2. Team leaders and supervisors are also human – with tough jobs. They, too, love (and deserve) recognition and appreciation. So their bosses, usually middle managers, should keep their eyes open for accomplishments by the supervisor’s team(s). The better their people do, the better the supervisor does.
  1. Encourage a “culture of appreciation.” Encourage employees at every level to spread the word about good deeds fellow employees, including executives, have done. Praise from fellow employees is powerful stuff.

         The most extraordinary example of “subordinates” showing appreciation for their boss I’ve heard of was when Southwest

Airlines employees honored their long-time CEO, Herb Kellerer, upon his retirement after 30+ years of service. On his last official day a small group of employees grabbed him out of his Dallas office and hustled him out to a company hangar at the nearby airport where all the local SWA employees were gathered.  After a short appreciation talk by a long-time front-liner, the hangar doors were opened, and a brand-new, shiny Boeing 737, with Herb’s name painted on it, was rolled out amid wild cheers and many tears. The plane was totally paid for by voluntary contributions from employees and friends.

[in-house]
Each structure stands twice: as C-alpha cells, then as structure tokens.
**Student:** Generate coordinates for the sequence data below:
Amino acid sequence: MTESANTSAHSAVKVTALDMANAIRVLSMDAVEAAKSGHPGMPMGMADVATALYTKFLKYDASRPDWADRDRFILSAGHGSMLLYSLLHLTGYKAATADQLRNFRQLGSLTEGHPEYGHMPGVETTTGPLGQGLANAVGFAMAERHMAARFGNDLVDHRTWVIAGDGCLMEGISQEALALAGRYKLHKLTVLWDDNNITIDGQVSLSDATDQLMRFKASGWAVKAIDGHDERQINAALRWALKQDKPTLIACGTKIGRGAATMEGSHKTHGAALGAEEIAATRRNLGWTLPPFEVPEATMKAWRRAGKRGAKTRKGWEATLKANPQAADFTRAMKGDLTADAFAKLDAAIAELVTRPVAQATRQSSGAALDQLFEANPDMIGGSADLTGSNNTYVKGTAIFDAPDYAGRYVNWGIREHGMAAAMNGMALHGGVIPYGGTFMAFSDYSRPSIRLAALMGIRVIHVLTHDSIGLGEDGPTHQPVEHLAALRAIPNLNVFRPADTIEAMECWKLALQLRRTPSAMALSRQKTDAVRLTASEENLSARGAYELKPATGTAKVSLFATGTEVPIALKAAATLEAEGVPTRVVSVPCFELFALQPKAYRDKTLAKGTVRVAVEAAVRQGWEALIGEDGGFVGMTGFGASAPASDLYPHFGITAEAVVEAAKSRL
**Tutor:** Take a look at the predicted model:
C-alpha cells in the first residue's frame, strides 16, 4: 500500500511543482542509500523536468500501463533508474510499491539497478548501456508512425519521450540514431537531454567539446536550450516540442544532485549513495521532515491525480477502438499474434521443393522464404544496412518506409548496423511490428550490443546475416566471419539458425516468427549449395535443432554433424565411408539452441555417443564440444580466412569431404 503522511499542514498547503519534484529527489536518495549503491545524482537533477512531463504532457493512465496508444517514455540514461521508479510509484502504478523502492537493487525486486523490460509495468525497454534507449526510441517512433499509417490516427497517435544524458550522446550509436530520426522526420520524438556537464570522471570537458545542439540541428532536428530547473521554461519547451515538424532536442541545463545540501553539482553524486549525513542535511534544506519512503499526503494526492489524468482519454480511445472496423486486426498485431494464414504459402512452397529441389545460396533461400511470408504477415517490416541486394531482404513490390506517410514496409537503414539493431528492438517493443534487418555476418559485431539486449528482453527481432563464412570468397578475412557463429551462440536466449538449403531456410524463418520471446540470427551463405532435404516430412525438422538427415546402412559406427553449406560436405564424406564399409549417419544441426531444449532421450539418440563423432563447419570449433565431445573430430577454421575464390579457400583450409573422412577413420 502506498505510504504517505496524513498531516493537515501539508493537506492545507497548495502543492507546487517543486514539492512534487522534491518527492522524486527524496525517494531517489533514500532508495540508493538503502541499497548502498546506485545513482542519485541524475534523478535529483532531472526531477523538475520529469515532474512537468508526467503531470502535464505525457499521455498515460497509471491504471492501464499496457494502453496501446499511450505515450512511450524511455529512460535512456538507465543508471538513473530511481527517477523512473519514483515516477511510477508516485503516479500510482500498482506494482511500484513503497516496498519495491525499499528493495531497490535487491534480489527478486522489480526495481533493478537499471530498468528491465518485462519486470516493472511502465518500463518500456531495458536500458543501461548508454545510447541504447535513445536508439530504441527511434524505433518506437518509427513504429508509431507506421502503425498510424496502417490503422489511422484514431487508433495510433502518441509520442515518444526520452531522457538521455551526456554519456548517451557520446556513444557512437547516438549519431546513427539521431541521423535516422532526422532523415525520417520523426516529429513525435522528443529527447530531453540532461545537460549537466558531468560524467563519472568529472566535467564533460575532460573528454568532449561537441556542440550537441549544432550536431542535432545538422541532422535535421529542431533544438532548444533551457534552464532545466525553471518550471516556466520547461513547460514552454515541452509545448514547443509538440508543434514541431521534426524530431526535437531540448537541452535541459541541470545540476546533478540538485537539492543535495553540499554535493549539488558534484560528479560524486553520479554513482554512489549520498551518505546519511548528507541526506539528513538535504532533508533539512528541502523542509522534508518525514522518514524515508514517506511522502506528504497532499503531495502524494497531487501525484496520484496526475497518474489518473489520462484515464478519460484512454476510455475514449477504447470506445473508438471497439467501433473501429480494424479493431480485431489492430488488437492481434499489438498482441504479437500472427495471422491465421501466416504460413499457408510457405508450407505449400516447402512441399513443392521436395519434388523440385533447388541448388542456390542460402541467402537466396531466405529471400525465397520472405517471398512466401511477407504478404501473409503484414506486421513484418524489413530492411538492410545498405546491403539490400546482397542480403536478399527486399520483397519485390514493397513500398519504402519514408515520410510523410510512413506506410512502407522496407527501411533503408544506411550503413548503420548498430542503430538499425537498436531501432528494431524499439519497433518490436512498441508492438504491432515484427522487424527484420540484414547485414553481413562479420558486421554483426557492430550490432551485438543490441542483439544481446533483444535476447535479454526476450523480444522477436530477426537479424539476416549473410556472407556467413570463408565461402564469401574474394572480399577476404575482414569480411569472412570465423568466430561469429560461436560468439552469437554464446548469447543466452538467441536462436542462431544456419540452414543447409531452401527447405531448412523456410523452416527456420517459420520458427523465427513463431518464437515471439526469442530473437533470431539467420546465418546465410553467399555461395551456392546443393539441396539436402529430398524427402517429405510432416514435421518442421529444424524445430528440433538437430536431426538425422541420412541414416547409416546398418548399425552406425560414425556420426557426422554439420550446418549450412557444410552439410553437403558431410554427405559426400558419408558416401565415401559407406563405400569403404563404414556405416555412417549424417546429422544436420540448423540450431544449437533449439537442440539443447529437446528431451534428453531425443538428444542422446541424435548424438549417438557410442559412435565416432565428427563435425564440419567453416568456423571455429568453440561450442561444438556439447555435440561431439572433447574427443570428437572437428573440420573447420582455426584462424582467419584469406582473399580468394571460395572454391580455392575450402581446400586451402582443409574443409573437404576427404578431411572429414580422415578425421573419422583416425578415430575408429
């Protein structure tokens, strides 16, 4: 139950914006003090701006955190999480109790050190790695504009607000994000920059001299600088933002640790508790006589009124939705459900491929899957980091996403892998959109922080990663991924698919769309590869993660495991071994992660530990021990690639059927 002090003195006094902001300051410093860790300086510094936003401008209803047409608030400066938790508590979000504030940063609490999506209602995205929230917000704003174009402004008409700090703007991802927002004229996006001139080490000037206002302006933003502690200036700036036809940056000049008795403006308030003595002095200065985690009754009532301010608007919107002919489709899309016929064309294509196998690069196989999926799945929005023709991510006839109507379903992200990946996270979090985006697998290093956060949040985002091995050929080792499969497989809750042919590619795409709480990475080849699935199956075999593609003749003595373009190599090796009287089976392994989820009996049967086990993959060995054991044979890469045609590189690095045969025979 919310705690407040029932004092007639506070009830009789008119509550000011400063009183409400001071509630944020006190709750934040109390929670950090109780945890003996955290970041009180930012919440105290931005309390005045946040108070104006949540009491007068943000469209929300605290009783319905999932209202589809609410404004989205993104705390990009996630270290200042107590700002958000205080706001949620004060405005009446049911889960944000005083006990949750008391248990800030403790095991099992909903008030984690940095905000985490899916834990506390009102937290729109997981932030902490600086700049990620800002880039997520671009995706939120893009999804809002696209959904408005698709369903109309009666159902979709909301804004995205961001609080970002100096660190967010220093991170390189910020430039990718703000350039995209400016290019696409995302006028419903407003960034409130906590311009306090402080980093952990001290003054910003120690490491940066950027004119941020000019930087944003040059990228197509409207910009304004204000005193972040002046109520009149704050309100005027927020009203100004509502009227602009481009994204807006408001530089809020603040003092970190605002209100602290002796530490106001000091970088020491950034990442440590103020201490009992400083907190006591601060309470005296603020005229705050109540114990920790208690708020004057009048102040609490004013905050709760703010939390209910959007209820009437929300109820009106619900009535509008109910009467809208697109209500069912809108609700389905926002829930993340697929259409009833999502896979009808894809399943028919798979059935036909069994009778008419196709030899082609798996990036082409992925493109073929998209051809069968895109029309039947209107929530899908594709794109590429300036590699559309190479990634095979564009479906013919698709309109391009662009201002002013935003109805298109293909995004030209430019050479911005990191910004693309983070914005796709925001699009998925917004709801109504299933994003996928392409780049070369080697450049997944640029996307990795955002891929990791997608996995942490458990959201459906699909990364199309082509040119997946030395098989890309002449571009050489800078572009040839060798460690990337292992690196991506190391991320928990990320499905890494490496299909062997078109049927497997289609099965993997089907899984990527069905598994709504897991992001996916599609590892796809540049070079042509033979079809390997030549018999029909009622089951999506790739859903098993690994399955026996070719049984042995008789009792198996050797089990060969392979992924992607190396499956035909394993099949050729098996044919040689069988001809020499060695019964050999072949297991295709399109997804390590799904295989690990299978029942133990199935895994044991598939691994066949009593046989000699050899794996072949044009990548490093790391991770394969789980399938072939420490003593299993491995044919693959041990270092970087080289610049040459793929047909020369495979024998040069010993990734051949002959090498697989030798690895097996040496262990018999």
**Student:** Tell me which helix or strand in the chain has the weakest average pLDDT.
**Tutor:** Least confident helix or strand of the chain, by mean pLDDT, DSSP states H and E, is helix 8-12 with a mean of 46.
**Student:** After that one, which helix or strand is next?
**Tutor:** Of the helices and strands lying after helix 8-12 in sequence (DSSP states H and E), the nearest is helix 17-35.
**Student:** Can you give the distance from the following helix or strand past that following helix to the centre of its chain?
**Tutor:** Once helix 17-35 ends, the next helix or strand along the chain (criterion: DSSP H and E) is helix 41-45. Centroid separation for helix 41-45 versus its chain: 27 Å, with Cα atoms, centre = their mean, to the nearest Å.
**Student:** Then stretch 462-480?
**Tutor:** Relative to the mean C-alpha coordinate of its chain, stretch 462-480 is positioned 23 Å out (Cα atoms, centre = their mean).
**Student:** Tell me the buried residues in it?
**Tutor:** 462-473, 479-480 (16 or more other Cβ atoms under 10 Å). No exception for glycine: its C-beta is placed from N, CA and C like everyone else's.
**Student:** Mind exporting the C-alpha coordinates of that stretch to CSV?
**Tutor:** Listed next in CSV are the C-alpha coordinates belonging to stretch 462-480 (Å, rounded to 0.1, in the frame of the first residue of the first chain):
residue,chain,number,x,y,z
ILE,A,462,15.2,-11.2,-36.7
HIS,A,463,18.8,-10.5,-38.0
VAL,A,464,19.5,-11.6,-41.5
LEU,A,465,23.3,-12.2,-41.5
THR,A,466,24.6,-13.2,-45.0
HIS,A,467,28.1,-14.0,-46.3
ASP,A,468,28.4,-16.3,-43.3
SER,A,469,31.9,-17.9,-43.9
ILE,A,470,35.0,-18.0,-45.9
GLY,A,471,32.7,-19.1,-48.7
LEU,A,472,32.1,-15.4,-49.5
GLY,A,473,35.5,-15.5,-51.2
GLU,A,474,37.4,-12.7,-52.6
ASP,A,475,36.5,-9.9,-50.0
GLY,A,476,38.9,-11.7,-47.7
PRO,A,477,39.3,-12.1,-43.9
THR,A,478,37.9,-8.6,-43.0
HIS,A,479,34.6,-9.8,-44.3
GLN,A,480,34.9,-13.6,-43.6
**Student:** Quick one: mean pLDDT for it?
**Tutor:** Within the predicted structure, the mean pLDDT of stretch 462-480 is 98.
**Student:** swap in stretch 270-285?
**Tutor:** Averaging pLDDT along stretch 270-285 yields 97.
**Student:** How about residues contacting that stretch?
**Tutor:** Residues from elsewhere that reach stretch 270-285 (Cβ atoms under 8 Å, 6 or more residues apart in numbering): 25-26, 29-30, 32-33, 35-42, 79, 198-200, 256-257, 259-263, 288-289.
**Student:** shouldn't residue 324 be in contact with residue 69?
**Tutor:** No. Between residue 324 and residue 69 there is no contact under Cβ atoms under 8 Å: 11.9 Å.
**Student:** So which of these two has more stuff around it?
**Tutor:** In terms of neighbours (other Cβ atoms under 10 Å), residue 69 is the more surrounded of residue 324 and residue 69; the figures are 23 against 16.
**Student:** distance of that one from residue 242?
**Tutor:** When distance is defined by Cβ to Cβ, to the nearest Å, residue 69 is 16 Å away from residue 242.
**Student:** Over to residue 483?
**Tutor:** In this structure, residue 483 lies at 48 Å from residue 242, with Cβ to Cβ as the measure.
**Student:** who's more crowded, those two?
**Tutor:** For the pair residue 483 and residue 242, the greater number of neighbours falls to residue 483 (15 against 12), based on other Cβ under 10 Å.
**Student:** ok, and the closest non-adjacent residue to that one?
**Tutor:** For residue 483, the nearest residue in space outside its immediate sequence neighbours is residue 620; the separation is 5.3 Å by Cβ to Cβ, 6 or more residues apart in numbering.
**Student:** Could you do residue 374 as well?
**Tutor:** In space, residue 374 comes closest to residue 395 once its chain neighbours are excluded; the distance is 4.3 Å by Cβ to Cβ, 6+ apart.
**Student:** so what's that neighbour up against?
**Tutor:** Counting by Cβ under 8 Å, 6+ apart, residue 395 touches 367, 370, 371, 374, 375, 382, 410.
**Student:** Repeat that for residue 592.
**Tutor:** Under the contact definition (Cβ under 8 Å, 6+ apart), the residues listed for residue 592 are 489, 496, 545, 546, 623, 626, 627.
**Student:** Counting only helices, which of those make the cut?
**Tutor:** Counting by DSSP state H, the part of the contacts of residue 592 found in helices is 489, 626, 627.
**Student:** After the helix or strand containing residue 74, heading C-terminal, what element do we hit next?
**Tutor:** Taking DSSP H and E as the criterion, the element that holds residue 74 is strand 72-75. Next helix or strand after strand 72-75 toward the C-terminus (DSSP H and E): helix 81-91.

This was one of the very rare times Herb Kellerer was at a loss for words….and let tears substitute.

  1. Finally, don’t forget that all organizations depend on “customers” (or supporters, clients, etc.) and suppliers for their survival and growth. Find ways to thank them, too.

What’s worked for you?   Will you share with other HCBM readers?

For the next issue of the HCBM we’d like to hear from readers just like you (especially YOU) about a motivational tool or method you have successfully used. If you will share, please email me at This email address is being protected from spambots. You need JavaScript enabled to view it. a short (50 words or less) story of the situation or setting, who was involved, what you did, and the results. Include your name, organization, job title, location, and phone # so I can follow-up if need be.

There are bound to be some neat stories out there. The first five submitters will receive a copy of Dr. Bob Nelson’s book, complements of HCBM publisher Mike Corbett. Don’t wait. What’s being done right?

Charles Waldo, Ph.D., is Professor of Marketing (ret.) at Anderson University’s Falls School of Business.   He can be reached at This email address is being protected from spambots. You need JavaScript enabled to view it..